Right now I’m really interested in trying some of these -> http://www.v-picks.com/

    It seems lately tho that I mostly fingerpick and also strum a lot with just my nails. I clip my nails on my right hand with an angle on the left side up to a sort of pointed tip and works great for travis style picking and also clawhammer style. I’ve tried a few thumbpicks and even made my own from some heavy copper sheathing, but I like the naked thumb better. 😛

  5. Cadillac Eddie says:

    I like the Dunlop Tortex brand for rhythm playing, they hold up pretty well, but for leads and solos, I like these:

    http://www.picksandstones.com/ they’re smooth and have a great mild / dark / bright sound…all rolled into one! Plus they’re hard to break, and don’t bend!

  6. The V Picks are great, crazy, but great: http://www.v-picks.com/
    Steve Cholerton´s last blog post ..R10BatchMail Testimonial

  7. Scott Conner says:

    I’m partial to Ultex Jazz IIIs myself. The new Jazz III Max Grips are nice, too. I can’t go back to using a regular pick.

  8. Dunlop is really great. This guitar is really amazing.
    Carmine Flores´s last blog post ..Impotence and Natural Herbs that Help Men Improve Their Erection

  9. Mestre says:

    I like 1mm Dunlop nylon picks (the black ones). I compared them to Tortex, celluloid and other kinds of stuff and I liked them more. They give a nice bright sound but it´s quite muscular as well. I´ve also used smaller and bigger gauges of Dunlop nylon picks but for my tastes 1mm is just the sweet spot. By the way, I used Big Stubbies (I believe they are made of metacrylate or somewhat resembling) and I hated the annoying clip, clap sound they produce. So well, just give a try to those Dunlop nylon picks and maybe you´ll like them more than Tortex (to me it sounds kinda cold/sterile). To me they sound more organic or alive, but of course all this is very subjective. Oh, and it´s worth trying this little trick: you can smooth a little bit the edges of any pick with a fine grit sandpaper and the sound will be improved. Picks often have rough edges and mould marks, so if you get rid of those imperfections they will sound better. That´s my two cents on guitar picks, hope it´ll be useful for you. Keep on rocking!!!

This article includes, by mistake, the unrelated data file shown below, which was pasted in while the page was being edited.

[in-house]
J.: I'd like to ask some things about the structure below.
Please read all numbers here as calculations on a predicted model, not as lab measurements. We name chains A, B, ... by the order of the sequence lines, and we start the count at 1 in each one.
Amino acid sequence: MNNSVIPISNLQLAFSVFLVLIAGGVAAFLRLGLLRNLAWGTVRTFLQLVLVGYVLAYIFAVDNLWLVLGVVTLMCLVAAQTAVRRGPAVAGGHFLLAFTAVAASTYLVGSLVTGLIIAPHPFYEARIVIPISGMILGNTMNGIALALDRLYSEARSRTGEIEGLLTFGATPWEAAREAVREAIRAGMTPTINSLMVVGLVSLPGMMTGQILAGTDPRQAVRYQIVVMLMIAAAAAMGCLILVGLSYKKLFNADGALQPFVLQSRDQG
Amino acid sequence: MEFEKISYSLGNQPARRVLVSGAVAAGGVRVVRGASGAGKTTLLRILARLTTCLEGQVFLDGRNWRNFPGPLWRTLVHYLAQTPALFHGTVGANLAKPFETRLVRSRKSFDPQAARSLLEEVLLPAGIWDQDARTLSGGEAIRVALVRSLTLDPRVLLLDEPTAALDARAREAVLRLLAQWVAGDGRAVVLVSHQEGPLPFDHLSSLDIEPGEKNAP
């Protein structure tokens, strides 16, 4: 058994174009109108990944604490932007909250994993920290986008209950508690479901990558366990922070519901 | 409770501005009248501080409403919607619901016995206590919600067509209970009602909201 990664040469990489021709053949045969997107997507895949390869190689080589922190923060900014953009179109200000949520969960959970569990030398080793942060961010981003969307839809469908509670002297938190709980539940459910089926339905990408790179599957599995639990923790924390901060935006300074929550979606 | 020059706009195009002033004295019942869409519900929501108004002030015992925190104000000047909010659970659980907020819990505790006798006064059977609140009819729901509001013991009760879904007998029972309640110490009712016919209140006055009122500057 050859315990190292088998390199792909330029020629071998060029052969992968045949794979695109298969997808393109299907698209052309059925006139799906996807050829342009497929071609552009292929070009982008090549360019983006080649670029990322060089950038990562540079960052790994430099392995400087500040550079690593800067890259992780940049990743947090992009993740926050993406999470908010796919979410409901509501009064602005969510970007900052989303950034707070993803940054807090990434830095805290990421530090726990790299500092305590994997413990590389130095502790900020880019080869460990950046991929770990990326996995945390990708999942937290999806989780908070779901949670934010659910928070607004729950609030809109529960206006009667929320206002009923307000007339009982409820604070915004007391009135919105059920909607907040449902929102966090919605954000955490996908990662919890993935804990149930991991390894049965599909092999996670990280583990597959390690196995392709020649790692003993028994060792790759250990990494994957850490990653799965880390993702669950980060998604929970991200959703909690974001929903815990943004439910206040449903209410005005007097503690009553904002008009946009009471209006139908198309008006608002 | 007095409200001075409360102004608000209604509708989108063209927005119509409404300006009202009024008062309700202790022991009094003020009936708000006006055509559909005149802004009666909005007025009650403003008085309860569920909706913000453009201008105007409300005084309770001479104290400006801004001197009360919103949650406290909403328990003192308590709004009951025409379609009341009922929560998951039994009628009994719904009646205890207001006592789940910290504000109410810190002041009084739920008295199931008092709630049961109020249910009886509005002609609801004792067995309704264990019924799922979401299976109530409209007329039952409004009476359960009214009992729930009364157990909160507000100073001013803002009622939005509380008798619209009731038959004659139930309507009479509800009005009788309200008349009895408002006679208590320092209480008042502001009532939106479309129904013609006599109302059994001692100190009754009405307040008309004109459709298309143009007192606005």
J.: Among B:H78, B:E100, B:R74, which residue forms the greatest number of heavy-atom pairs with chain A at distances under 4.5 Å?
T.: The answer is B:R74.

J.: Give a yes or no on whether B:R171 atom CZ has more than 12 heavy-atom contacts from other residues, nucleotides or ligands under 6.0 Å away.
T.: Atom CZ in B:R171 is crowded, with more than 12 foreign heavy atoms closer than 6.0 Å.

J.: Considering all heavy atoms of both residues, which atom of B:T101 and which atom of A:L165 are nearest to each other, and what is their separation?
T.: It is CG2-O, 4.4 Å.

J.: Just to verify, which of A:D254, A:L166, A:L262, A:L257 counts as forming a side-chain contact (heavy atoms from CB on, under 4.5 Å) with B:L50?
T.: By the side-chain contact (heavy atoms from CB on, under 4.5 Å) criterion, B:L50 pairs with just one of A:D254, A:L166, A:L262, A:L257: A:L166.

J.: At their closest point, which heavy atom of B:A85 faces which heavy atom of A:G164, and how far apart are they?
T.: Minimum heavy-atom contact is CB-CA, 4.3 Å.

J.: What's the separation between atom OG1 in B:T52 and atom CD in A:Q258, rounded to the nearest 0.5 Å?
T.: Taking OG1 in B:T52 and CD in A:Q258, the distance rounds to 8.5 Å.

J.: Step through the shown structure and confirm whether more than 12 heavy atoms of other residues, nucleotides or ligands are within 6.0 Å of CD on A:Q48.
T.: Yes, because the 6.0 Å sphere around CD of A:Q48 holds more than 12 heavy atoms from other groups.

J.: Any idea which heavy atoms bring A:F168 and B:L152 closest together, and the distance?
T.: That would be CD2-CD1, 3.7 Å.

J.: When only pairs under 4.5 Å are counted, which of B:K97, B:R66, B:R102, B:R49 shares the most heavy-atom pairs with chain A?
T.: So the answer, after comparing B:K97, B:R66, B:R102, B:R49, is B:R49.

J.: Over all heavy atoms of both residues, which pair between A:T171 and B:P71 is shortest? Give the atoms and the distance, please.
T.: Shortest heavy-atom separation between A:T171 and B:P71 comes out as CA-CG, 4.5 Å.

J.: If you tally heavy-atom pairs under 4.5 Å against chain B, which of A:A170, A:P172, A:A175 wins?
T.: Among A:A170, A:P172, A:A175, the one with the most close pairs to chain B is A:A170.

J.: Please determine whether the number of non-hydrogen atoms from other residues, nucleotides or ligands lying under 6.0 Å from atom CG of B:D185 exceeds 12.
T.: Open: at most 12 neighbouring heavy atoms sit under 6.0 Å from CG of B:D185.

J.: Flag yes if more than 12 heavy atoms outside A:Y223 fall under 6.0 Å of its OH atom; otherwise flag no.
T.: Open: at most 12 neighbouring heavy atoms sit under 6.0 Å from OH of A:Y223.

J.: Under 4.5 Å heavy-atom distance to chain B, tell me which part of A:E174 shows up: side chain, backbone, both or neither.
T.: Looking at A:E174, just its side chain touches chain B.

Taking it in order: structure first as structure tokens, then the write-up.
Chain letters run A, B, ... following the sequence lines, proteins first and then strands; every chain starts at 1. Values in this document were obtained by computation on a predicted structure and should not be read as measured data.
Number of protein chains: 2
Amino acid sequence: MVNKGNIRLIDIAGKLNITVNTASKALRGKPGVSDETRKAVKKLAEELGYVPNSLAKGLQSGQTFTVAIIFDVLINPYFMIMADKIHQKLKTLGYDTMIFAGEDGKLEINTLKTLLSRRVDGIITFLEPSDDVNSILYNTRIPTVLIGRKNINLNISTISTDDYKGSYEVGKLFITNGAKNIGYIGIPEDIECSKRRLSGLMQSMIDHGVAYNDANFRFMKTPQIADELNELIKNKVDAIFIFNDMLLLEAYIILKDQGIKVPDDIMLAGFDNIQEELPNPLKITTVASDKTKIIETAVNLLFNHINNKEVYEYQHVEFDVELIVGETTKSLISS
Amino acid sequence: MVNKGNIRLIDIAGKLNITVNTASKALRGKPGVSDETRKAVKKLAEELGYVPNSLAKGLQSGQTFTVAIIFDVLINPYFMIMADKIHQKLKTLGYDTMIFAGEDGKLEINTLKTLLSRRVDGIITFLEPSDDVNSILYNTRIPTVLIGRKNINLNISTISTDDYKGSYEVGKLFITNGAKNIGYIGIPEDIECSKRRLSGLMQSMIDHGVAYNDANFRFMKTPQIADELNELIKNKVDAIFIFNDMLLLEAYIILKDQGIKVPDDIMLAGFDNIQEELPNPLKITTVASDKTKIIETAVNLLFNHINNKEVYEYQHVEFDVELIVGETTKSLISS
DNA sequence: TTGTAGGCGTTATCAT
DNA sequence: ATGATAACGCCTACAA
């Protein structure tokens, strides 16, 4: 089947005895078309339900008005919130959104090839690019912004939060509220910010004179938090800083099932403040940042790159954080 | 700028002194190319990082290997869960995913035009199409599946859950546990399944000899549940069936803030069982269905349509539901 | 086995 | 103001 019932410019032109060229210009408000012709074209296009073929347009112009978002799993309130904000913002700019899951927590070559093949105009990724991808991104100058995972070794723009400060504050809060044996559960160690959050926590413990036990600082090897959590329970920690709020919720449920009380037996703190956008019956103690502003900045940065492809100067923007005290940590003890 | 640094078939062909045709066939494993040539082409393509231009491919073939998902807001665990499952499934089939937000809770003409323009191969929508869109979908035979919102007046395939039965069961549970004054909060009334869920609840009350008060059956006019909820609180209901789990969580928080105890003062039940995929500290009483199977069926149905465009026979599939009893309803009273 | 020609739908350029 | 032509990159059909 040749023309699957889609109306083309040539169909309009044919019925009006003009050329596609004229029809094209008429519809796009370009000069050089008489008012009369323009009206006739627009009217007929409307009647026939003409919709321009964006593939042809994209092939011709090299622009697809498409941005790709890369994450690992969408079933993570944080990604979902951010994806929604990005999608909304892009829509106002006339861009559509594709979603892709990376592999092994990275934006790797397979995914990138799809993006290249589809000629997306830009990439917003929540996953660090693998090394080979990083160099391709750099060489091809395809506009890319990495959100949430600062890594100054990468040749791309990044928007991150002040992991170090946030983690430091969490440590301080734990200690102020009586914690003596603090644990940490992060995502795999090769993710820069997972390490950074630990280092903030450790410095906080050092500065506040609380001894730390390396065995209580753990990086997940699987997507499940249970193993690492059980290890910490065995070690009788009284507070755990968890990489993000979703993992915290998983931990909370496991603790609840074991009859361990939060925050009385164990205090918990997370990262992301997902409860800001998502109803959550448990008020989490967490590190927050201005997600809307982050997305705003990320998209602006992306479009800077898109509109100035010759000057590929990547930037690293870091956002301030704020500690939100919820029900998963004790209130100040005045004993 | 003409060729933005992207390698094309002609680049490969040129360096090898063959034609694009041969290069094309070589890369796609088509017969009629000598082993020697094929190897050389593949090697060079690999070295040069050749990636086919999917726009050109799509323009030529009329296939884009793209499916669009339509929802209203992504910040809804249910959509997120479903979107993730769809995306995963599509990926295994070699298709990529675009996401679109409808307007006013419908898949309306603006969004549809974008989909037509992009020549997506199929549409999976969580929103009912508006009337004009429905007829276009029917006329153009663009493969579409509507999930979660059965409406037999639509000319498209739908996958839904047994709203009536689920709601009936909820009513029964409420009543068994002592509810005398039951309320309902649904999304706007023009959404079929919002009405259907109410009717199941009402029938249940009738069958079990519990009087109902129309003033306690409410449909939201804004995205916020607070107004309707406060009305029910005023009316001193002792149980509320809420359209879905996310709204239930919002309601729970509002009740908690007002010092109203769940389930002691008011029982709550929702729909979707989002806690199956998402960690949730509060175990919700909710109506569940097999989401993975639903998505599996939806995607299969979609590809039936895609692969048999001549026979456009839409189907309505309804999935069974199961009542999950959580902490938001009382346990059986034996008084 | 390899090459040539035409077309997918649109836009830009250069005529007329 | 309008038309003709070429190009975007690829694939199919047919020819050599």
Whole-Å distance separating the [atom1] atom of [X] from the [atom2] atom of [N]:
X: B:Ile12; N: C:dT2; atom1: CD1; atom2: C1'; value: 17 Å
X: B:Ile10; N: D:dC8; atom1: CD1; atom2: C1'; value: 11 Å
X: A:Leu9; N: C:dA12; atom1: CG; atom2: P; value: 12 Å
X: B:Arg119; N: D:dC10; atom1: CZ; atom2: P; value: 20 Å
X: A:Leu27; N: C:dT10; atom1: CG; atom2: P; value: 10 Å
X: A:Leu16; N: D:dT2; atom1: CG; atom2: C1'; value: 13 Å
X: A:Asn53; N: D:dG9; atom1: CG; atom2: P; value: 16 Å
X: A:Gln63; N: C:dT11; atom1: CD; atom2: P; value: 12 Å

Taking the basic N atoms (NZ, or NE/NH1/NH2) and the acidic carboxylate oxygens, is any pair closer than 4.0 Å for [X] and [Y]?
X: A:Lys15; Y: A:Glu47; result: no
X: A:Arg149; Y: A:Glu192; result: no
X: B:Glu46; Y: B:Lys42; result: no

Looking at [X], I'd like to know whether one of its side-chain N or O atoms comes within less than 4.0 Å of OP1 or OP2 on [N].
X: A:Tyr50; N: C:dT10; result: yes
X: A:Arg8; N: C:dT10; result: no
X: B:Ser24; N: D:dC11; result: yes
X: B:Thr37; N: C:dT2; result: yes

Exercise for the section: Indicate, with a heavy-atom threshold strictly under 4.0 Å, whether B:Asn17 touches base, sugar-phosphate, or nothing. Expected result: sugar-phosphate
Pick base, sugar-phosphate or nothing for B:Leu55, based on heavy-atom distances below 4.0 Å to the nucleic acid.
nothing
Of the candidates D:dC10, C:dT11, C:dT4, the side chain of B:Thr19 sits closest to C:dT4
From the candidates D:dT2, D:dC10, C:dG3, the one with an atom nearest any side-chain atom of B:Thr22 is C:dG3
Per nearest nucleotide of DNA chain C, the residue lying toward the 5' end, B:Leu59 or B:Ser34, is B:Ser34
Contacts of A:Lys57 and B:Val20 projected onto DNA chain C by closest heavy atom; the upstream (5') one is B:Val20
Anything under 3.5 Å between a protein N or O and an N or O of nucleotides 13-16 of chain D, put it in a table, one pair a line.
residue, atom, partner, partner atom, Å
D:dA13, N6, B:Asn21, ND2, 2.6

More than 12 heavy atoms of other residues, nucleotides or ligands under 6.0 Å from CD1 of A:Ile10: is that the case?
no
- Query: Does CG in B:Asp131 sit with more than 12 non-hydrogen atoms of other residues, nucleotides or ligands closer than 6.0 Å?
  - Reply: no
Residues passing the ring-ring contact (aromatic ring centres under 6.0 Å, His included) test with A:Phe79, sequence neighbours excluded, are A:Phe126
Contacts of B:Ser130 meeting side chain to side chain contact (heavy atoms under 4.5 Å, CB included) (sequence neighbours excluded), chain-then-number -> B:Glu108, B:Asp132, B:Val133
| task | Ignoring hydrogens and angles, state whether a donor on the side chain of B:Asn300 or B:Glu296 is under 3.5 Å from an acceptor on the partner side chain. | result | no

10. Matt says:

    It’s all about nylon picks. Great grip and nice moderate attack. I can’t remember offhand, but I think I use brain picks.
    Matt´s last blog post ..Spectraflex Vintage Guitar Cable Review